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Bowden, Edmund (1801–1847)

by Charles Bateson

This article was published in Australian Dictionary of Biography, Volume 1, (MUP), 1966

Edmund Bowden (1801-1847), medical practitioner and superintendent, was the son of Ambrose Bowden, a London chemist and druggist. He was apprenticed on 8 December 1816 for five years to H. E. Bull, of the Cornwall Infirmary, Truro, and on 13 February 1823 received his certificate as an apothecary from the Society of Apothecaries, London. Next year he was in business as a chemist and druggist in Judd Street, Brunswick Square, London, but by 1827 was practising as a surgeon in Sloane Street, Chelsea; although his name does not appear in lists of medical graduates, he had taken lectures on medicine while at Truro. In 1838 he was surgeon to the Chelsea and Brompton Dispensary, an institution founded in 1812 to 'serve the poor and insignificant'.

This appointment may have turned Bowden's attention to the plight of criminals, for, two years after his marriage at St George's Church, Hanover Square, on 20 April 1841, to his second wife, Philippa Bull Powell, matron of Hanwell Asylum (St Bernard's Hospital) in Middlesex, he and his wife were named as superintendent and matron of the new Female Penitentiary at Hobart Town. Their joint appointment was due to the adoption of Stanley's new penal plans, which aimed at reforming rather than punishing criminals. The Bowdens were paid a joint salary of £500, with a further £300 yearly to Bowden for also discharging the duties of medical inspector of the penitentiary. Papers in the Tasmanian Archives suggest that Bowden at the time was in charge of Hanwell Asylum, but surviving records of the asylum itself make no mention of him in any official or unofficial capacity, and it seems that only his wife was on the staff at Hanwell. The Bowdens, accompanied by their daughter and a number of assistants, including six female nurses from Hanwell, reached Hobart in the convict transport Woodbridge in December 1843. On 4 February 1844 H.M.S. Anson, a former 74-gun three-decker, arrived at Hobart and was fitted out as a reformatory hulk, each of her decks being divided into four wards. She was moored on the Derwent near Risdon, where Bowden later bought Restdown, the Gregson home.

Women convicts who had arrived by the Woodbridge and the Angelina were transferred to the Anson and the Bowdens and their staff took charge. By September 1844 there were 519 convicts on the hulk. On Mrs Bowden's suggestion the women were employed making female clothing and men's shirts as well as straw hats. Although the hulk was inconveniently placed for supplying the town with domestic labour, it seemed to operate with modest success as a reformatory, but on 3 September 1847 Bowden died. His wife succeeded him as sole superintendent, but protested at her salary being fixed at £400. Early in 1848 she applied for twelve months leave, as her brother, Dr Powell, was dying in England and her own health had suffered through her husband's death. She sailed from Hobart on 23 February and on 25 July applied for a further six months leave on the ground of ill health. The Anson experiment now came under fire from anti-transportationists as well as householders eager for cheap labour and, although Mrs Bowden ably defended it, the establishment was broken up in 1851.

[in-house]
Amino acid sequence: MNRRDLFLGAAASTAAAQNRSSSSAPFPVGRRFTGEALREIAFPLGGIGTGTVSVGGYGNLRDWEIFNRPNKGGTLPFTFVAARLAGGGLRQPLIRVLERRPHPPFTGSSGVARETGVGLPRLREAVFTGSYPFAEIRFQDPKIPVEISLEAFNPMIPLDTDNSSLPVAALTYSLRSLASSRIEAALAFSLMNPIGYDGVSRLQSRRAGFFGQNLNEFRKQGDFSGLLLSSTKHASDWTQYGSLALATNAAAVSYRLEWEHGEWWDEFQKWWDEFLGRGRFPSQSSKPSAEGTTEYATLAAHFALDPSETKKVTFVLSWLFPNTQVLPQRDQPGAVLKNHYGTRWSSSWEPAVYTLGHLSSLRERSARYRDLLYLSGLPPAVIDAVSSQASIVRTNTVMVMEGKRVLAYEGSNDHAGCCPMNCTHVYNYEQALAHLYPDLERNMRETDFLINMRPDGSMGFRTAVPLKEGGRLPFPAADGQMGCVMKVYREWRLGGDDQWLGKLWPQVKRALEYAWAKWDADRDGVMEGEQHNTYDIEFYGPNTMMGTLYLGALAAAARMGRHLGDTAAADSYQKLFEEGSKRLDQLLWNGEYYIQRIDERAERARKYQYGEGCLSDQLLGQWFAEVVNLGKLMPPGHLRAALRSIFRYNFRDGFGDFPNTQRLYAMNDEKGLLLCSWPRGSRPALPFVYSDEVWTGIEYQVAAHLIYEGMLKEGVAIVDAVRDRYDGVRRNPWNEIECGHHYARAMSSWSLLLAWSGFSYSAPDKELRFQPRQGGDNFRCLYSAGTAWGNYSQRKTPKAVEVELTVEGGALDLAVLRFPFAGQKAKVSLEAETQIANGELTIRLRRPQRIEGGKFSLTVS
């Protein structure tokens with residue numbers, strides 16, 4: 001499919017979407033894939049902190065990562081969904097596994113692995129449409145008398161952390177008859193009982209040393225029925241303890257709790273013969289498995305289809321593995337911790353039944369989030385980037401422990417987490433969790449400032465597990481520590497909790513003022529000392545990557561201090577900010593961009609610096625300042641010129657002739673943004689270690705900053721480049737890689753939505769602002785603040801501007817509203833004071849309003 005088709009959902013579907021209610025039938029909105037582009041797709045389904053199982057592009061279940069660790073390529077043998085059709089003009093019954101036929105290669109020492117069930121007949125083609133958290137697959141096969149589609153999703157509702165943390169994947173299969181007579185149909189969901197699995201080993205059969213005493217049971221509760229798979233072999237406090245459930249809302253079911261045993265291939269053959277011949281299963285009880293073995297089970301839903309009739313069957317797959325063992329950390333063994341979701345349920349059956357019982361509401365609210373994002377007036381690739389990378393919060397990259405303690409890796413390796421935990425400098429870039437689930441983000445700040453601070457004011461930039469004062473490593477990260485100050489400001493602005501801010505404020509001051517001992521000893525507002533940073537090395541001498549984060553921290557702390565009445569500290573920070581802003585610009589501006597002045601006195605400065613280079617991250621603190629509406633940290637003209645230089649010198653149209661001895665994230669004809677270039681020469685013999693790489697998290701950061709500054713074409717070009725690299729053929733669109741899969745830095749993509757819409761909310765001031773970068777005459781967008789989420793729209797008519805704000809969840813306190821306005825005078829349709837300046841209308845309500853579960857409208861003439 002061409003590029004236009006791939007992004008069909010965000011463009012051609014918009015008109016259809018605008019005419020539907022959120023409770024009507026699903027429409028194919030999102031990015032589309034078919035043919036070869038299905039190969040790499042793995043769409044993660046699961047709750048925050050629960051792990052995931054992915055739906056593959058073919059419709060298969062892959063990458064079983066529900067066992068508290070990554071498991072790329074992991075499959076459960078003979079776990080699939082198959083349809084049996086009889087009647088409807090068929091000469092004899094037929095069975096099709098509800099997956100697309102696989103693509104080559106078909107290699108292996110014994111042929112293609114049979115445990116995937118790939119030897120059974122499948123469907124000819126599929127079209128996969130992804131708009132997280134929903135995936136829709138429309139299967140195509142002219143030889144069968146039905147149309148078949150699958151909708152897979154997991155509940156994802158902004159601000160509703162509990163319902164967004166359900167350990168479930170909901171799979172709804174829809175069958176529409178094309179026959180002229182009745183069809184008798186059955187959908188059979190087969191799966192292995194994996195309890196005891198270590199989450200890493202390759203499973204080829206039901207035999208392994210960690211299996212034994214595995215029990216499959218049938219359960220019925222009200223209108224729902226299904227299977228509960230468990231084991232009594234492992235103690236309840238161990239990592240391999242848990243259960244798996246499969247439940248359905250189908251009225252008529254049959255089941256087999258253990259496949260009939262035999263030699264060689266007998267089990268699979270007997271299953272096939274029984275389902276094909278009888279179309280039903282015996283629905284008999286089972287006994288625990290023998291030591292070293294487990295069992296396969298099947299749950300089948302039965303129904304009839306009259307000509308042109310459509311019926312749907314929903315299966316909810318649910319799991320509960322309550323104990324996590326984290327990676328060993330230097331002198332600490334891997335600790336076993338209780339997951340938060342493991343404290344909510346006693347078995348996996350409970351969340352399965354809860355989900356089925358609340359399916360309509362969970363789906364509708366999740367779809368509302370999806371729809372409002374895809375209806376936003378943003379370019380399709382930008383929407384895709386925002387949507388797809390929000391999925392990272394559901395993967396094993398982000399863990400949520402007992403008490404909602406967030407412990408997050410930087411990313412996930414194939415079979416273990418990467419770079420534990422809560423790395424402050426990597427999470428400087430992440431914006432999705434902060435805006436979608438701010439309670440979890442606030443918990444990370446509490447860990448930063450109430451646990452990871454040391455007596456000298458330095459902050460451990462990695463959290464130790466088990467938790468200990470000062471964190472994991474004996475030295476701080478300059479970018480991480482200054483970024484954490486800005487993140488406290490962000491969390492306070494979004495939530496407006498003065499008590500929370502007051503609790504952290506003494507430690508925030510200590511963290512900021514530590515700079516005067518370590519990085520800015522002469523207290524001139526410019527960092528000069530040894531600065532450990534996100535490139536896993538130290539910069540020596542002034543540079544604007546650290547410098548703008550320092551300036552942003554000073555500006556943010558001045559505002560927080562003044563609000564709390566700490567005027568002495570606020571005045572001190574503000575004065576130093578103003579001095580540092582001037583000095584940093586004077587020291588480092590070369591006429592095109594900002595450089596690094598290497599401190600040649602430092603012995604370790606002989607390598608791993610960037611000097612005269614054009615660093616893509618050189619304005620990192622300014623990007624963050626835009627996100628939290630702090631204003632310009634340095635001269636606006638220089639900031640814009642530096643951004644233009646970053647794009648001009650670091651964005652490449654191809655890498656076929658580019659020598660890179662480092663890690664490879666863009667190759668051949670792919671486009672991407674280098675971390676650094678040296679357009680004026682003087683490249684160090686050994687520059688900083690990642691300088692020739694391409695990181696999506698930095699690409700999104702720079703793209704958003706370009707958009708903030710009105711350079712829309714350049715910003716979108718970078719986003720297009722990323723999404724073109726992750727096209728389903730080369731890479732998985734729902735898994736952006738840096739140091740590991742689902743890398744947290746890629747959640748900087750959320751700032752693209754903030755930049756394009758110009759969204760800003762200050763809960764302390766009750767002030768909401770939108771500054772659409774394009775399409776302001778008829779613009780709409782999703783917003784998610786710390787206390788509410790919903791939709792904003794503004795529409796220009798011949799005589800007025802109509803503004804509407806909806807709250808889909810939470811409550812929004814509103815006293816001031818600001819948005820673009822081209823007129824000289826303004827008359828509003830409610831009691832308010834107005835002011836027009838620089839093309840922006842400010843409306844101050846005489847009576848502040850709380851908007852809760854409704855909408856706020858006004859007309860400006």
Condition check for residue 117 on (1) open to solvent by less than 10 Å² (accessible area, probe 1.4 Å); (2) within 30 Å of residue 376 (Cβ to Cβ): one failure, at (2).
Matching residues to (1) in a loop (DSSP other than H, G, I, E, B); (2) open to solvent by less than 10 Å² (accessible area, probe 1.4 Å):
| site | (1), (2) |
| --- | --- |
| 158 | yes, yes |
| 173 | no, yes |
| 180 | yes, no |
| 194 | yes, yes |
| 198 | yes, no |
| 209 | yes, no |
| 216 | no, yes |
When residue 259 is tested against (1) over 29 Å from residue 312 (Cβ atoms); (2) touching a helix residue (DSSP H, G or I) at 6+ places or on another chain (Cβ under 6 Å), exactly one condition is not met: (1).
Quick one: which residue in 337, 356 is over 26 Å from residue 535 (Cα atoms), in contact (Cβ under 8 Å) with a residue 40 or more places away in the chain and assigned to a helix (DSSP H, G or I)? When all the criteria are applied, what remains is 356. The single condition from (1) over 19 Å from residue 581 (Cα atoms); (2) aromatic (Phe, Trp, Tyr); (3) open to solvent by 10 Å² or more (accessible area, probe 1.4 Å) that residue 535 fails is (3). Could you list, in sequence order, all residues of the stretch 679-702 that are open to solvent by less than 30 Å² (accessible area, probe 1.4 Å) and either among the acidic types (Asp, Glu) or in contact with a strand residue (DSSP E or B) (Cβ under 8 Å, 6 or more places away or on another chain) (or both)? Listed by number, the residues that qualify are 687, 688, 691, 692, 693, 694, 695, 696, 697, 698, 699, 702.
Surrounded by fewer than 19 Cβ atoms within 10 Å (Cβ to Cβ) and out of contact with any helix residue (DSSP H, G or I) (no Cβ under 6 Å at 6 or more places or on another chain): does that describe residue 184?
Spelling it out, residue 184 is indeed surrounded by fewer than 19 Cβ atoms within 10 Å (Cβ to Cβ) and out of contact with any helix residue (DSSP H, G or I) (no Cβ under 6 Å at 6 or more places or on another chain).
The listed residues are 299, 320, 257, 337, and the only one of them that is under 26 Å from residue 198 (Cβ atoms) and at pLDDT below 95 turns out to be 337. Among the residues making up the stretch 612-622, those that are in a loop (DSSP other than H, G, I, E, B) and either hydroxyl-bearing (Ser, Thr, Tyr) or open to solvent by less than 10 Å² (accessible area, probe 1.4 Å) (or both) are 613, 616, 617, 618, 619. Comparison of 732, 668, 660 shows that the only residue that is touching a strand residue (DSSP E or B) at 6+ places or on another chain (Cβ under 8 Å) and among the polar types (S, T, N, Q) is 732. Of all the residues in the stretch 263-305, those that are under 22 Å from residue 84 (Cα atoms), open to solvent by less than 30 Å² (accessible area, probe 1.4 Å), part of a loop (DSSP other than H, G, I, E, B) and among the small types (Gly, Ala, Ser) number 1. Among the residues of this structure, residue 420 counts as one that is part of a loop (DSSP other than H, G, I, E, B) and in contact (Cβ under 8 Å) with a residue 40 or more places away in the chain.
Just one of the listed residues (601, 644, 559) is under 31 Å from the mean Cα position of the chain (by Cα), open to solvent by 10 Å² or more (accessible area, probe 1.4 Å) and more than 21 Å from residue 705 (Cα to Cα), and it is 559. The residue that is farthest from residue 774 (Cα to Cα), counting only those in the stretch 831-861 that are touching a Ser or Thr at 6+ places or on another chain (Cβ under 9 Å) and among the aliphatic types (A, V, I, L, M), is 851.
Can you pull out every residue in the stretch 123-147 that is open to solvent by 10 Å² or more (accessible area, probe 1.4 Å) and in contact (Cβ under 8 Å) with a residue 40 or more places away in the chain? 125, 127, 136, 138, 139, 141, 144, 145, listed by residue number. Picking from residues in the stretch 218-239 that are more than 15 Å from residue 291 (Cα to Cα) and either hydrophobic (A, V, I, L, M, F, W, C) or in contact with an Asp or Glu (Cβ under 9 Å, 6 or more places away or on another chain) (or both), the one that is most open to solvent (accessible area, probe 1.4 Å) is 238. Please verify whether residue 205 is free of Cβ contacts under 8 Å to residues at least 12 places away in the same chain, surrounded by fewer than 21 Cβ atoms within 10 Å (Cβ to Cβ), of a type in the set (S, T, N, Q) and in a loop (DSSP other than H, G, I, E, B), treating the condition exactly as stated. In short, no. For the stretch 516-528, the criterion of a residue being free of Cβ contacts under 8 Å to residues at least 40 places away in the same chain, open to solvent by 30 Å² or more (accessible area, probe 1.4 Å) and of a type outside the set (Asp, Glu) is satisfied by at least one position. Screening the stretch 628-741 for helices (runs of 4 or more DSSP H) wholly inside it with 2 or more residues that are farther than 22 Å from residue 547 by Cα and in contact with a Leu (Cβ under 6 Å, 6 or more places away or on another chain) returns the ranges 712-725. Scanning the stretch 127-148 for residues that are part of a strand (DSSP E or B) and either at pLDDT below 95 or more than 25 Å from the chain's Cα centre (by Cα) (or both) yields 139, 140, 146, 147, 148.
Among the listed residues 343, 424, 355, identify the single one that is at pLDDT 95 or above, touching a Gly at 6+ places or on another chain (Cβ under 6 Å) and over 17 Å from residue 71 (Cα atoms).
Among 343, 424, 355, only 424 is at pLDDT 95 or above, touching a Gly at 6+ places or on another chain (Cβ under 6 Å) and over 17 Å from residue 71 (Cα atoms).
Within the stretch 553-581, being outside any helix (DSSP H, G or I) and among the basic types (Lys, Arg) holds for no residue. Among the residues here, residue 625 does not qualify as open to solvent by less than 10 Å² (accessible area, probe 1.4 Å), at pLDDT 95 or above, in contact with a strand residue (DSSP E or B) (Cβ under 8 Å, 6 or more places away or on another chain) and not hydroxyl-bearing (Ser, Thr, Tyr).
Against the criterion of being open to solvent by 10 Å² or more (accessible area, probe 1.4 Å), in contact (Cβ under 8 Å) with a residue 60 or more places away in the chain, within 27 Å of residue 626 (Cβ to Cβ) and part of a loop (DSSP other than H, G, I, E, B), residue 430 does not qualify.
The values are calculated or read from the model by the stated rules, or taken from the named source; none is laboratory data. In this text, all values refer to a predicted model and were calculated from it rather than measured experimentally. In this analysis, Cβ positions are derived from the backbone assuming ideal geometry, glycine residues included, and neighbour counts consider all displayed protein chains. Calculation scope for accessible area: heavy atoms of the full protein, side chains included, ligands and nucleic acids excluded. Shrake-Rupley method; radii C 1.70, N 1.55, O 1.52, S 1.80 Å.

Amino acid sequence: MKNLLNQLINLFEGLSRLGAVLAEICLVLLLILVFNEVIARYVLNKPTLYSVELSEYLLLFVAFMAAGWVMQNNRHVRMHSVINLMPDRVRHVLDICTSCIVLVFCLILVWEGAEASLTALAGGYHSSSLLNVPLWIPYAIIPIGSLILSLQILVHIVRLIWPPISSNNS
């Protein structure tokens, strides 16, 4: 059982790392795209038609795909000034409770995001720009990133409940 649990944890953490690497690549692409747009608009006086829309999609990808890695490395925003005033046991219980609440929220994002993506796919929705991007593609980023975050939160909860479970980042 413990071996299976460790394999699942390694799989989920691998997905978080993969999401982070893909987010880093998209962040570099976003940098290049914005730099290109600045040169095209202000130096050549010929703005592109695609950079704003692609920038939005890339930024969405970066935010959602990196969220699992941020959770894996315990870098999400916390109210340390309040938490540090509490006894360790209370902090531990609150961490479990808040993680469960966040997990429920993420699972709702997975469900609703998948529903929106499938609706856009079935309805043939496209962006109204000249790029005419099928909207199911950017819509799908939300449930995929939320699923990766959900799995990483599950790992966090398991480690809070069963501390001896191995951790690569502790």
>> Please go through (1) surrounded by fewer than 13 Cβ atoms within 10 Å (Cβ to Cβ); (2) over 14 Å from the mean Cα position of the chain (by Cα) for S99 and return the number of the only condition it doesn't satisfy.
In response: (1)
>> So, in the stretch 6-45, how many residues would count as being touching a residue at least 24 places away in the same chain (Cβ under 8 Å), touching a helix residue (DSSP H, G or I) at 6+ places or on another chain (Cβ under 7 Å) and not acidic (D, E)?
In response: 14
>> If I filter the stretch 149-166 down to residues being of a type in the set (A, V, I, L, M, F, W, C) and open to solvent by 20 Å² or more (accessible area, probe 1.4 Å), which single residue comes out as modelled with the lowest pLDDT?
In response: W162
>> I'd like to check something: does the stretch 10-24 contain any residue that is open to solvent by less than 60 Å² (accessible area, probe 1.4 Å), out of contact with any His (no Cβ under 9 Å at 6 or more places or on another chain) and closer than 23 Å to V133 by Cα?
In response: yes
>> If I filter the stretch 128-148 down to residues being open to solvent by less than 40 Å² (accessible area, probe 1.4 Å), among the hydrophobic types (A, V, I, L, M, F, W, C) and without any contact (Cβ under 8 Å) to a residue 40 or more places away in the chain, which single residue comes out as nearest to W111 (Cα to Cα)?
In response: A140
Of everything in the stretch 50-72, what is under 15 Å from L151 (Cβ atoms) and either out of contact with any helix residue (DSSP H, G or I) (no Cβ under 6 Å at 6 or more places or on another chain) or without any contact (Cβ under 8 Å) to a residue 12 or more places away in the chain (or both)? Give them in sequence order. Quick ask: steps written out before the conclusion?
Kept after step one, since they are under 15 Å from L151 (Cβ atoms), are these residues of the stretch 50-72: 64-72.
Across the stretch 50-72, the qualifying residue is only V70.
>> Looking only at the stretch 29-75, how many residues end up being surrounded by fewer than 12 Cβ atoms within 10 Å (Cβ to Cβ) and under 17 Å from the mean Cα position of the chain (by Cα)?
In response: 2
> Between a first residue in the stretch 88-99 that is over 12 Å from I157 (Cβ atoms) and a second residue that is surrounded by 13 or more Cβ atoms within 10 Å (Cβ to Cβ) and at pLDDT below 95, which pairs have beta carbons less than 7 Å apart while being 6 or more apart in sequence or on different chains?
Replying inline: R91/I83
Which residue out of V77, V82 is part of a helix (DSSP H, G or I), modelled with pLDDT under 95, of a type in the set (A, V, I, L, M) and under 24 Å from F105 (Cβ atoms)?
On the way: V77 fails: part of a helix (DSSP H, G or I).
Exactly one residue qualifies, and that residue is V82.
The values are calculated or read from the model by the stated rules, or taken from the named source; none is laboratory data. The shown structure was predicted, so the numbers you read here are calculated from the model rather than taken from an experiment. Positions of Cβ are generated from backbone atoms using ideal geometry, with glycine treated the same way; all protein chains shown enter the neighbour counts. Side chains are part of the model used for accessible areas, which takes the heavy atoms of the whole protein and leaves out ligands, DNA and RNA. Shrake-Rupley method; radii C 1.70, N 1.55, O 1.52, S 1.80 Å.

It is difficult at this distance to evaluate this attempt at penal reform. Bowden was a capable and conscientious if undistinguished surgeon, and Mrs Bowden appears to have been the driving force in the organization and direction of the reformatory. She was the daughter of Thomas Powell, a surgeon, and at Hanwell Asylum, the largest institution of its kind in England, she had been the principal assistant of Dr John Conolly, who as superintendent in 1839-44 instituted a regime of humane treatment, every form of mechanical restraint being absolutely discontinued. Conolly attributed much of the success of his pioneer work in the treatment of the insane to Mrs Bowden, and she undoubtedly was peculiarly well fitted to serve as matron of the Anson.

A daughter of Bowden's first marriage, Amelia Gilbert, eloped from Hobart with William Carter junior, in the Louisa on 30 March 1847; they were married at St James's Church, Sydney, on 7 April.

Select Bibliography

  • Colonial Times (Hobart), 22 Feb 1848
  • Hanwell Asylum papers (St Bernard's Hospital, Middlesex, England)
  • correspondence file under Bowden (Archives Office of Tasmania).

Citation details

Charles Bateson, 'Bowden, Edmund (1801–1847)', Australian Dictionary of Biography, National Centre of Biography, Australian National University, http://adb.anu.edu.au/biography/bowden-edmund-1807/text2057, published first in hardcopy 1966, accessed online 12 December 2018.

This article was first published in hardcopy in Australian Dictionary of Biography, Volume 1, (MUP), 1966

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